At least seven women and several children were executed by the Islamic State (ISIS) militants on Thursday last week, in the extremist group's besieged region of western Mosul, according to reports of a monitoring group.
Reports state that the militants killed the children and the women after they allegedly refused to practice the so-called sexual jihad with the extremists, the Observatory for Defence of the Rights of Women and Children said, Basnews reported.
The monitoring group released a statement last week saying that ISIS carried out the executions in public in Sarj khana district of Old Mosul, as a lesson to those who say no to their bidding.
"After they refused to have sexual jihad, IS placed them under house arrest," the observatory's statement stated.
The monitoring group also said that the jihadist group is intensifying its security measures to prevent civilians from escaping their areas, making it difficult for the Iraqi army to advance against the group in the region.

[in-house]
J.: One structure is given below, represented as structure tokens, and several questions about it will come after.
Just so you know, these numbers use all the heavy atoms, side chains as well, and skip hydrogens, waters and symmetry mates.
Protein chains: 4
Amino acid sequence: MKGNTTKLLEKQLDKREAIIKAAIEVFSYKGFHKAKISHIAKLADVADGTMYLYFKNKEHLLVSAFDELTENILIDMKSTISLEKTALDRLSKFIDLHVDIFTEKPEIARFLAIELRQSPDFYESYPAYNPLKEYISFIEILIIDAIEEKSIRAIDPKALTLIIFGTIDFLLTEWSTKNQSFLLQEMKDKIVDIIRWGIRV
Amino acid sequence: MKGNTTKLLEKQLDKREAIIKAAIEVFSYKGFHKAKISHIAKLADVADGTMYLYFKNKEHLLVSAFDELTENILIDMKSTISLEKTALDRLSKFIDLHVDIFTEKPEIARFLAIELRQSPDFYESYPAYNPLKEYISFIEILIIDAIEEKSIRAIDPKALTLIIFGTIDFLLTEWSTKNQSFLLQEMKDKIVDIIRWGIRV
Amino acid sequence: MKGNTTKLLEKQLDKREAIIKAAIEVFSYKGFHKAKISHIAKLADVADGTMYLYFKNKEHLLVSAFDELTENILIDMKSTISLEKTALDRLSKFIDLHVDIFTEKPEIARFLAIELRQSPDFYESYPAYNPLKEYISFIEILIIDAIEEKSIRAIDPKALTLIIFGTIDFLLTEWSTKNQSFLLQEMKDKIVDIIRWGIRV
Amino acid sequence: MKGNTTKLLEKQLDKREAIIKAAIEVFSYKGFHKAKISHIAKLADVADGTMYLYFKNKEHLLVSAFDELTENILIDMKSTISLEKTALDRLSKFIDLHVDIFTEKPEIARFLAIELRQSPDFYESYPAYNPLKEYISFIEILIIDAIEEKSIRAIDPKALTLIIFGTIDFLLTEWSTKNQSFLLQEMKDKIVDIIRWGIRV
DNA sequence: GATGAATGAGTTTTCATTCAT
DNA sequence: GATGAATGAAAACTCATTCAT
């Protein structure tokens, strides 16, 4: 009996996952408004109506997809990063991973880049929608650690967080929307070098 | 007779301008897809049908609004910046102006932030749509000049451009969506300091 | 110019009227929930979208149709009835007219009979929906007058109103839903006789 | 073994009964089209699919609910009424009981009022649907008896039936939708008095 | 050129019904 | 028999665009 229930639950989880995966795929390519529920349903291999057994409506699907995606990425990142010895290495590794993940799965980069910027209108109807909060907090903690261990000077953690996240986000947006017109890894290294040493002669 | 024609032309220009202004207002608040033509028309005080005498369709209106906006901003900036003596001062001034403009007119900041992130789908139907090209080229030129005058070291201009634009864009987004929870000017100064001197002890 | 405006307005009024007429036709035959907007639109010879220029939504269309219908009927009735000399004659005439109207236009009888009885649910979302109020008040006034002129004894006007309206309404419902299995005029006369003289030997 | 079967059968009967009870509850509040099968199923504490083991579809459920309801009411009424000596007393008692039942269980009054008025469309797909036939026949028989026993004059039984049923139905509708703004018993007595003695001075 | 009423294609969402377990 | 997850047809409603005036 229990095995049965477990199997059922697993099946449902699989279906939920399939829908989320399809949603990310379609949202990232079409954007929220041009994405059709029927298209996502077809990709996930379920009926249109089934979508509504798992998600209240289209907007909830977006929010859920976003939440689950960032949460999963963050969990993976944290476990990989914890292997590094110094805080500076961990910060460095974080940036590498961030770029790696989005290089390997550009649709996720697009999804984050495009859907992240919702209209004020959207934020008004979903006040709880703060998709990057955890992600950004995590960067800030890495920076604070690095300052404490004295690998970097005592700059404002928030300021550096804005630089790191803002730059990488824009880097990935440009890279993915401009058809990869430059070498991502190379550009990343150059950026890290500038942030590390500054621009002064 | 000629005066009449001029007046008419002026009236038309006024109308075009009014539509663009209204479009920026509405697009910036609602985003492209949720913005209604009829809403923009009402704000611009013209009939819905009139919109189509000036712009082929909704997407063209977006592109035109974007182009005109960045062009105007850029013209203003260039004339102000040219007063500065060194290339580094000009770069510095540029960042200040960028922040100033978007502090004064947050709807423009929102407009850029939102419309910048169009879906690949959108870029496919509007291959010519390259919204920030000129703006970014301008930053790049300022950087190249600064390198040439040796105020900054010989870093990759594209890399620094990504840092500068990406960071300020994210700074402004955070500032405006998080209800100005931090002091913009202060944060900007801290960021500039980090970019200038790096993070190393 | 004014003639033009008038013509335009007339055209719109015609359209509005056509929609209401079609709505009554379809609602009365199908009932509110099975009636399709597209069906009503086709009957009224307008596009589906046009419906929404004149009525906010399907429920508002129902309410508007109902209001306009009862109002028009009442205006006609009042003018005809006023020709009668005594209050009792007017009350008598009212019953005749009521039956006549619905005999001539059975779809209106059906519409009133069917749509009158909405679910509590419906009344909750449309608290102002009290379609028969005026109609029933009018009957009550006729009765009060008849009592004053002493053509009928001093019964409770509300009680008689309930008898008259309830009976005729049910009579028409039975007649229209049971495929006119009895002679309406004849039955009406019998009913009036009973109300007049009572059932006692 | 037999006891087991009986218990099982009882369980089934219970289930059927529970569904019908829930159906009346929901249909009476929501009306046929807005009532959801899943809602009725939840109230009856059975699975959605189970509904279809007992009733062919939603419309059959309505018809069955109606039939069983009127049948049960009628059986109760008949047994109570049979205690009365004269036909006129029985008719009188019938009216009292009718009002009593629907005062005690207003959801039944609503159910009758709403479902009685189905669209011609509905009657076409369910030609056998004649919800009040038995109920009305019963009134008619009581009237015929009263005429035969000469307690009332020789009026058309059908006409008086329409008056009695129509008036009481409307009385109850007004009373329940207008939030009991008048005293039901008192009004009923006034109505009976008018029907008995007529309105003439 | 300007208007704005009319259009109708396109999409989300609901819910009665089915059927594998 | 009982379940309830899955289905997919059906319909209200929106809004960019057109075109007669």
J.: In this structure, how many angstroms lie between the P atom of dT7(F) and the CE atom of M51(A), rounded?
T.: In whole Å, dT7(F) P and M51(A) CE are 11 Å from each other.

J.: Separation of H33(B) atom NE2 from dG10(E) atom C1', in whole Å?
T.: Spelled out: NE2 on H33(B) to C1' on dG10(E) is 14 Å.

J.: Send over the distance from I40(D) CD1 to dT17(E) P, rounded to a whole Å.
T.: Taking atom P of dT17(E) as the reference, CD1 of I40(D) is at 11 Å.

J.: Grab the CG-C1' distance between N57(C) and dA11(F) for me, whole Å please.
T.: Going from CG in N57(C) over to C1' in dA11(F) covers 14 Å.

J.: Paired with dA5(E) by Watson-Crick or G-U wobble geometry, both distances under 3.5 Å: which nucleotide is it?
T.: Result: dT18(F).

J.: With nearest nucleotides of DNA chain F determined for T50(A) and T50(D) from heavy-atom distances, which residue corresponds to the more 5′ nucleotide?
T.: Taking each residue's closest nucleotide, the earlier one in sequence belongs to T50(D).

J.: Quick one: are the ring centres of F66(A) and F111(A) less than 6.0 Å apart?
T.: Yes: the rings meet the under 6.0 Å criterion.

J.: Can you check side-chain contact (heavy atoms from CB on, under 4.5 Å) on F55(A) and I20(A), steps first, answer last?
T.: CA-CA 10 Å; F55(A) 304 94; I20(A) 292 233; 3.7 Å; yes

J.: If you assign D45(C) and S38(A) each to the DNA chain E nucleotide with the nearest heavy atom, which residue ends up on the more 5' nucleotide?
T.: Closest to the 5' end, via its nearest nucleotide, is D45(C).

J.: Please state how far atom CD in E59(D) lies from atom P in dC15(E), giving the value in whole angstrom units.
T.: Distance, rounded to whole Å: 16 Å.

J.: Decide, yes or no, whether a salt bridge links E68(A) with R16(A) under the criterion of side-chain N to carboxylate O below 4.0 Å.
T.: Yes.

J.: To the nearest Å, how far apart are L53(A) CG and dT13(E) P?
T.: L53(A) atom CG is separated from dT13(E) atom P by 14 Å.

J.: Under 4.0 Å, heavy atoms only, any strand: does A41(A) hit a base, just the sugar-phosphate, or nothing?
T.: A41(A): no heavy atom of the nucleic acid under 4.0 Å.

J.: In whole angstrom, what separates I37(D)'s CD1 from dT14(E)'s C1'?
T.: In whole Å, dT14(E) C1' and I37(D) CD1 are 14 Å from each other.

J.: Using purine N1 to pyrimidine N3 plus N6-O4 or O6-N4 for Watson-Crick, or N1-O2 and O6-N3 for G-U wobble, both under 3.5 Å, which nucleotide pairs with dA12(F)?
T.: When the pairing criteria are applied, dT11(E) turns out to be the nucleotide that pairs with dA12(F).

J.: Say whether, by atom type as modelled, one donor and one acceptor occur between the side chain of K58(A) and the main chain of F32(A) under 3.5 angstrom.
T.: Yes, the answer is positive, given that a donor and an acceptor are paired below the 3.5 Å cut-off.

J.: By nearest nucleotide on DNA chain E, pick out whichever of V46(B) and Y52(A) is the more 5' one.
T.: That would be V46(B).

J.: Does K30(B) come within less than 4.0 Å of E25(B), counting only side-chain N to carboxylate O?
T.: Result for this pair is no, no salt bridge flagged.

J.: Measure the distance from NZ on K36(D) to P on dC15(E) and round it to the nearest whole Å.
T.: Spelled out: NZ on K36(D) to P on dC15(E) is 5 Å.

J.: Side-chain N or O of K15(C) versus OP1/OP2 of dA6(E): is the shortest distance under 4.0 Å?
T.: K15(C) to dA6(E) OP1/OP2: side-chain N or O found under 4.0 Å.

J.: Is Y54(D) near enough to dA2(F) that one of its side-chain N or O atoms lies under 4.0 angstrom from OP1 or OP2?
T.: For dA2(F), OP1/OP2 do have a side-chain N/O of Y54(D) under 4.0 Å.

The Iraqi army backed by United States forces launched an offensive last year to retake besieged areas of Mosul from the Islamic State.
ISIS is infamous for its brutality and had reportedly executed 250 girls in April in Mosul for refusing to become their sex slaves. Reports state that the girls had been ordered to accept temporary marriages to the terrorists, and when they refused to do so, they were executed.
After increasing number of incidents of women being taken for sexual slaves in the region, women in Mosil are not allowed to venture outside alone, and they cannot choose their spouses either.